Hong Kong suffered a narrow 3-1 defeat to UAE in their VAR-riddled opening game at the Asian Cup, while impressing with a courageous display that involved high pressing, aggressive defending, and a drive to produce constant threat against a team ranked 86 places above them.
The day has come. On 14 January, 17:30 Doha time, Hong Kong made their fourth appearance at the Asian Cup – and the first time since 1968 – squaring off with the United Arab Emirates. In the days ahead of the game, local sports media and fans were buzzing with excitement, recognizing that this is indeed a special occasion (let’s be optimistic here and not call it a lifetime occasion though).
As expected from recent games, Jørn Andersen selected a rather offensive starting XI: Matt Orr, Everton Camargo, and Max Poon Pui-hin as the attacking trifecta; Tan Chun Lok, Wu Chun-ming, and Chan Siu-kwan in the midfield; Li Ngai-hoi and Oliver Gerbig as centre-backs; Yue Tze-nam and Chan Shinichi as fullbacks; and of course captain Yapp Hung-fai in goal. Sean Tse, Helio and Junior were entirely missing from the match day squad due to recent injuries in the preparation.
Right from the start, Hong Kong showed that they don’t intend to sit back. Within the first minute, Everton nodded a ball towards goal, and soon later Li Ngai-hoi tried his luck with a shot from the distance. Both were rather harmless chances, but also an encouraging signal. This not to say that the United Arab Emirates were any less threatening though. The Emirati presented themselves as the dominant side (possession after 15 minutes, 75:25), but also had to work hard to deal with Hong Kong’s high pressing.
25 minutes in, Hong Kong fans were at the edge of their seat when the ball found Poon Pui-hin, but the leg of an Emirati player arrived just in time for a clearance. Everton then tried his luck to score his first goal at the Asian Cup (sometimes maybe a bit too reluctant to pass), before Hong Kong’s plan to keep the game close was shattered in the 34th minute. A VAR check confirmed a handball by Oliver Gerbig (although the additional yellow appeared a bit ludicrous for an unintended handball), and Sultan Adil converted confidently from the spot, sending Yapp in the wrong direction. 1-0 UAE.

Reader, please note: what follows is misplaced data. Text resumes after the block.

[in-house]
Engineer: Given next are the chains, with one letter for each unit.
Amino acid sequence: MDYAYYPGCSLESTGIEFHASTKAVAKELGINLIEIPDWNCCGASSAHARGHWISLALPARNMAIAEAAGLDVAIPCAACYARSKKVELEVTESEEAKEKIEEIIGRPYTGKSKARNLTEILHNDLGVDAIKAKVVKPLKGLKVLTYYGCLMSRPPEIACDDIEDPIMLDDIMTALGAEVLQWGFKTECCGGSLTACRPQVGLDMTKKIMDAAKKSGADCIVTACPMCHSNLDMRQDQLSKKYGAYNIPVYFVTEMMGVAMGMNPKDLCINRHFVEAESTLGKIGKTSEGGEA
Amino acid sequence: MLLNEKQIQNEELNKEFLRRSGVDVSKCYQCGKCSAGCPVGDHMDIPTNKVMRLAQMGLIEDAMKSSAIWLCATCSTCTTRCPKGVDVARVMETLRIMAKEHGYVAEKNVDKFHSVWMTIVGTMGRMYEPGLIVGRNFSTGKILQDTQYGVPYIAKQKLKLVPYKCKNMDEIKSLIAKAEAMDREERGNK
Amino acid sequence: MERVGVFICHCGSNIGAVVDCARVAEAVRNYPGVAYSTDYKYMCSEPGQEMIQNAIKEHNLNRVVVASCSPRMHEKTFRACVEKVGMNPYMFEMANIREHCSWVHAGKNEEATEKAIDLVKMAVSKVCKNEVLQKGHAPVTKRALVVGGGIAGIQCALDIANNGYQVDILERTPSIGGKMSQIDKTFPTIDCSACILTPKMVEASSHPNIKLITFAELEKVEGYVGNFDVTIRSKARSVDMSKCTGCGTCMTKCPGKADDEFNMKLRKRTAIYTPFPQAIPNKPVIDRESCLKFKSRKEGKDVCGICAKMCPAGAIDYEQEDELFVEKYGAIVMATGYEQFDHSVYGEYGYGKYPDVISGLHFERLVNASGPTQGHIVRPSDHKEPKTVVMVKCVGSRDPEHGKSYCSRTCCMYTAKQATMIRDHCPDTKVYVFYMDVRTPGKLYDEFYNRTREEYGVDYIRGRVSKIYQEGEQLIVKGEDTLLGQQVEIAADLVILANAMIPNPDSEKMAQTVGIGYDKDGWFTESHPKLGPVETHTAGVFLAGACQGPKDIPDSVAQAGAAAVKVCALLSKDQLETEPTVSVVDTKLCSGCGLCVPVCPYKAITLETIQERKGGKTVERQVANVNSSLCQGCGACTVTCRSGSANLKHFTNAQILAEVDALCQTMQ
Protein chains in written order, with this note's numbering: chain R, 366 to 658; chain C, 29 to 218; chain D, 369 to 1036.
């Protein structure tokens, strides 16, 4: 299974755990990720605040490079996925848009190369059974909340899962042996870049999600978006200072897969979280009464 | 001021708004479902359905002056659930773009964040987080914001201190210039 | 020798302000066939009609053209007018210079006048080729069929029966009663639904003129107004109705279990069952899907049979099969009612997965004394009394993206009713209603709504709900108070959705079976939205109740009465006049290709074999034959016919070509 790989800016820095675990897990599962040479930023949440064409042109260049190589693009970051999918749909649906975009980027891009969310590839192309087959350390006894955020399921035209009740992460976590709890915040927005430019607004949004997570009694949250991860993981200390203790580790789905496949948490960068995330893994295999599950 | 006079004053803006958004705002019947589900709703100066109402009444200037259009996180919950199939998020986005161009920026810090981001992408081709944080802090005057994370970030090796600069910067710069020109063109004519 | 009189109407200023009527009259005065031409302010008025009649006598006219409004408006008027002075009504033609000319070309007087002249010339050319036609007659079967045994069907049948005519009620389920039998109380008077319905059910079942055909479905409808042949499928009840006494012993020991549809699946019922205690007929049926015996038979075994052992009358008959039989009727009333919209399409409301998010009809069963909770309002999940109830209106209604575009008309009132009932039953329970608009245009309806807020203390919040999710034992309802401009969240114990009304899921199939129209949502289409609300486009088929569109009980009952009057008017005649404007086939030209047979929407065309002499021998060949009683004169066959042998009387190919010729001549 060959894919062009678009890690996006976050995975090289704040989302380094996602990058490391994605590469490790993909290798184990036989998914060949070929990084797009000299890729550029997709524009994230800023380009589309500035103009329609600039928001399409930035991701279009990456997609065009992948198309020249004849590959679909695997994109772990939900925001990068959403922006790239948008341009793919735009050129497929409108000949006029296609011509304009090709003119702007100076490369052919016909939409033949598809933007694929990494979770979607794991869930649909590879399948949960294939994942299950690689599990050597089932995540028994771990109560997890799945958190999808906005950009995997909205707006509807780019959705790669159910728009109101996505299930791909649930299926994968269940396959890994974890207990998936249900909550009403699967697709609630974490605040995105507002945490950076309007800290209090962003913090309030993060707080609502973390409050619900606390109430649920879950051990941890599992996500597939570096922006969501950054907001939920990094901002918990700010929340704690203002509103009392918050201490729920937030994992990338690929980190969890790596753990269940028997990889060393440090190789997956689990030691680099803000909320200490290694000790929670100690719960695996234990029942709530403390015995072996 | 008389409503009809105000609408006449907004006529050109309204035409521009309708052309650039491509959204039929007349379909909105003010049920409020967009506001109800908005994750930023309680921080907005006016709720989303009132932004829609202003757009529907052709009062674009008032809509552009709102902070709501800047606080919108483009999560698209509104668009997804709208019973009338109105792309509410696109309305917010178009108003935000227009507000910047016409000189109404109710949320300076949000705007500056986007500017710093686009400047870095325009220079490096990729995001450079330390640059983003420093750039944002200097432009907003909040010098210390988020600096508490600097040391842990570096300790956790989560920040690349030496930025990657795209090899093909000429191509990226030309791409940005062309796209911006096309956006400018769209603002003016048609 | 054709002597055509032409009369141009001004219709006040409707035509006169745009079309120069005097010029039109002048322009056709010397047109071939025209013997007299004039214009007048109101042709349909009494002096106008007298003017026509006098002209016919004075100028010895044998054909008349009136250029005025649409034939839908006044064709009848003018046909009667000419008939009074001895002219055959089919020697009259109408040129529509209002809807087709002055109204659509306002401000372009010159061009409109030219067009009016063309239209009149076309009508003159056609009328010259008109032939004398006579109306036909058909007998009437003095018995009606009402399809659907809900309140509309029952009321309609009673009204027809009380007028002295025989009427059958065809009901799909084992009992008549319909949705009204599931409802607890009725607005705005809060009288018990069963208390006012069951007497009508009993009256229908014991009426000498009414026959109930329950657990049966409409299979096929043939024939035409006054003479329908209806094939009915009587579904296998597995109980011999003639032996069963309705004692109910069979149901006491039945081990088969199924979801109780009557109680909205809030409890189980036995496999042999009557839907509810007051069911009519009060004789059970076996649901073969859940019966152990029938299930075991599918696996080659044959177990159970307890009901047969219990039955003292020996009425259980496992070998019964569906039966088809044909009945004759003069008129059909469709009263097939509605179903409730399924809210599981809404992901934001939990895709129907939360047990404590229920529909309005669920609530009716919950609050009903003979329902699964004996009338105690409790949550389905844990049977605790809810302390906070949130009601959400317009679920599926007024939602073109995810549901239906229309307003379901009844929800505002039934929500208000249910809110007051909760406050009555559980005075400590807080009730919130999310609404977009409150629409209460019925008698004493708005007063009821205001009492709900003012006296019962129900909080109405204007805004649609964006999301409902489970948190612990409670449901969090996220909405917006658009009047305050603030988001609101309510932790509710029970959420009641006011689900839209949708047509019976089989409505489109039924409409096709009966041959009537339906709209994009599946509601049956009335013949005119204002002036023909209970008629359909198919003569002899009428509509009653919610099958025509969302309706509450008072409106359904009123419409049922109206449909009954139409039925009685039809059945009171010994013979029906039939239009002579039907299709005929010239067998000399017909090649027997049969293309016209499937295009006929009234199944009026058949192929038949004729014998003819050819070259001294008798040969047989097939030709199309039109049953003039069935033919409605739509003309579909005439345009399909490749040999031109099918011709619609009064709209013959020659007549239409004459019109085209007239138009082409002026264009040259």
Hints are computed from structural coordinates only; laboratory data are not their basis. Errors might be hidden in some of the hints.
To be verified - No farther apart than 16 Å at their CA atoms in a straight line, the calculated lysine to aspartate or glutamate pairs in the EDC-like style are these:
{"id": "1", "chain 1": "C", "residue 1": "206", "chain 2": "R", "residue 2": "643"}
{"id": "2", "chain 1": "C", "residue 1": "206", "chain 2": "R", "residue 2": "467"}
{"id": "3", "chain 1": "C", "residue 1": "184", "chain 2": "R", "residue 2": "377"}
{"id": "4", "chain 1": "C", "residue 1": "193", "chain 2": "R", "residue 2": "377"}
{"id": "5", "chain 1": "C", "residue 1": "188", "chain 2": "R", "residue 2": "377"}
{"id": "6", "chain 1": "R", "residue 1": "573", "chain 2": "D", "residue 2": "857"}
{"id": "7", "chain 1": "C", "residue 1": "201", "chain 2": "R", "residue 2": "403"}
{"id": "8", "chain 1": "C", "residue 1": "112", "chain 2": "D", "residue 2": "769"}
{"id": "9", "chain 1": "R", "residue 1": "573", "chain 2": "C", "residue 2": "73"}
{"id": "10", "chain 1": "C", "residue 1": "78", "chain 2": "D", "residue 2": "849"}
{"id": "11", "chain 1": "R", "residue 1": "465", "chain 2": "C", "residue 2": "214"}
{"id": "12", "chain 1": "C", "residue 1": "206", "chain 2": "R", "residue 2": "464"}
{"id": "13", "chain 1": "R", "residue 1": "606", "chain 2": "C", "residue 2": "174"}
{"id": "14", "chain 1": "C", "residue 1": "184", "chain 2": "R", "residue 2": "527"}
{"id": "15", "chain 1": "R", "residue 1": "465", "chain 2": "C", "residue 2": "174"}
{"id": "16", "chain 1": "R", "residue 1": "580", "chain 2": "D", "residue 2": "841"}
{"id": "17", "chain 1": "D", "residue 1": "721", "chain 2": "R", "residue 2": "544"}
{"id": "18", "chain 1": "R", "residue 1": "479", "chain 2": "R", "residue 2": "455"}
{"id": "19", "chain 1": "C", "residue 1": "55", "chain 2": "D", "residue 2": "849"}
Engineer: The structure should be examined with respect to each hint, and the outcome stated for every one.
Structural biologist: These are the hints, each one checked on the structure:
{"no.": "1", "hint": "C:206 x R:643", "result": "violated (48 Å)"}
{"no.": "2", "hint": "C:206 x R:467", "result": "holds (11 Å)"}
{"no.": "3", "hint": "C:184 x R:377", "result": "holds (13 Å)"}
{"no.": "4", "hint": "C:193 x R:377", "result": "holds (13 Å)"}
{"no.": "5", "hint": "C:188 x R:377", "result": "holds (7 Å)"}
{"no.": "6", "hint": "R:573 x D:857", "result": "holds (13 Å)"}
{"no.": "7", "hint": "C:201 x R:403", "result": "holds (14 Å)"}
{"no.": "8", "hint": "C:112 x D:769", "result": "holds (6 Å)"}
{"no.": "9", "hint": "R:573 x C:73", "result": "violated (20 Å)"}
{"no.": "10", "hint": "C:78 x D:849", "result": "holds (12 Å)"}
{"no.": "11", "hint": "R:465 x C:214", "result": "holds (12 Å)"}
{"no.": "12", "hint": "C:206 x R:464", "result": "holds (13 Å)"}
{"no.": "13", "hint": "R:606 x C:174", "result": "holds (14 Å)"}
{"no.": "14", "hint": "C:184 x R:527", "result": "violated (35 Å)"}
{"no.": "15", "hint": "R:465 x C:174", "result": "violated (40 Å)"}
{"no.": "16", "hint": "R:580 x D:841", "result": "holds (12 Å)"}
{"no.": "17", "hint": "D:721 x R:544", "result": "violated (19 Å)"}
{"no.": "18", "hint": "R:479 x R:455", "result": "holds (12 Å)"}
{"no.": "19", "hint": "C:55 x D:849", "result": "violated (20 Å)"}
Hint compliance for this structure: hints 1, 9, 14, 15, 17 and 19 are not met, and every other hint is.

Still, Hong Kong’s spirit was still alive and not shy to produce more chances with fast break throughs and long passes from the midfield, but just not enough boldness in front of goal.
Coach Jørn Andersen shouldn’t have had too much to complain about during half time, and decided not to make any changes (despite the high pressing strategy probably taking its toll).
Hong Kong couldn’t have started any better into the second half, when just three minutes in Everton delivered the perfect cross for Philip Chan Siu-kwan, who just had to flip it over the line.
The Hong Kong supporters may have been a bit too carried away, when they turned their backs to the field to do the poznan celebration, and probably not even seeing when Zayed Sultan took back the lead for UAE in the 52nd minute of the match.
In the 66th minute, Andersen replaced Yue Tze-nam and Max Poon with Stefan Pereira and 19-year-old Michael Udebuluzor, clearly sticking to the plan of pushing for another goal.
In the 72nd minute the Singaporean referee shocked even the local TV commentators, when he concluded after a VAR check that Li Ngai-hoi’s tackle wouldn’t warrant another penalty for UAE. A 3-1 lead would have probably meant an early decision at this stage, when both teams started to run out of stamina and cramping up. The last then minutes became therefore a relatively uneventful back and forth.
In the 95th minute, the referee may have had a change of heart, when he made a rather controversial penalty decision following VAR review, accusing Chan Shinichi of a foul. Yahya Al Ghassani made it 3-1 from the spot.
10 minutes into added time, Michael Udebuluzor scored from close range to make it 3-2, but the goal was eventually disallowed for a handball in the lead up of the goal in what was – to say the least – another questionable VAR decision.
Despite the eventual 3-1 loss, the positives of Hong Kong’s performance in this opening match definitely outshined the negatives – and we definitely look forward to seeing more of this team in this tournament.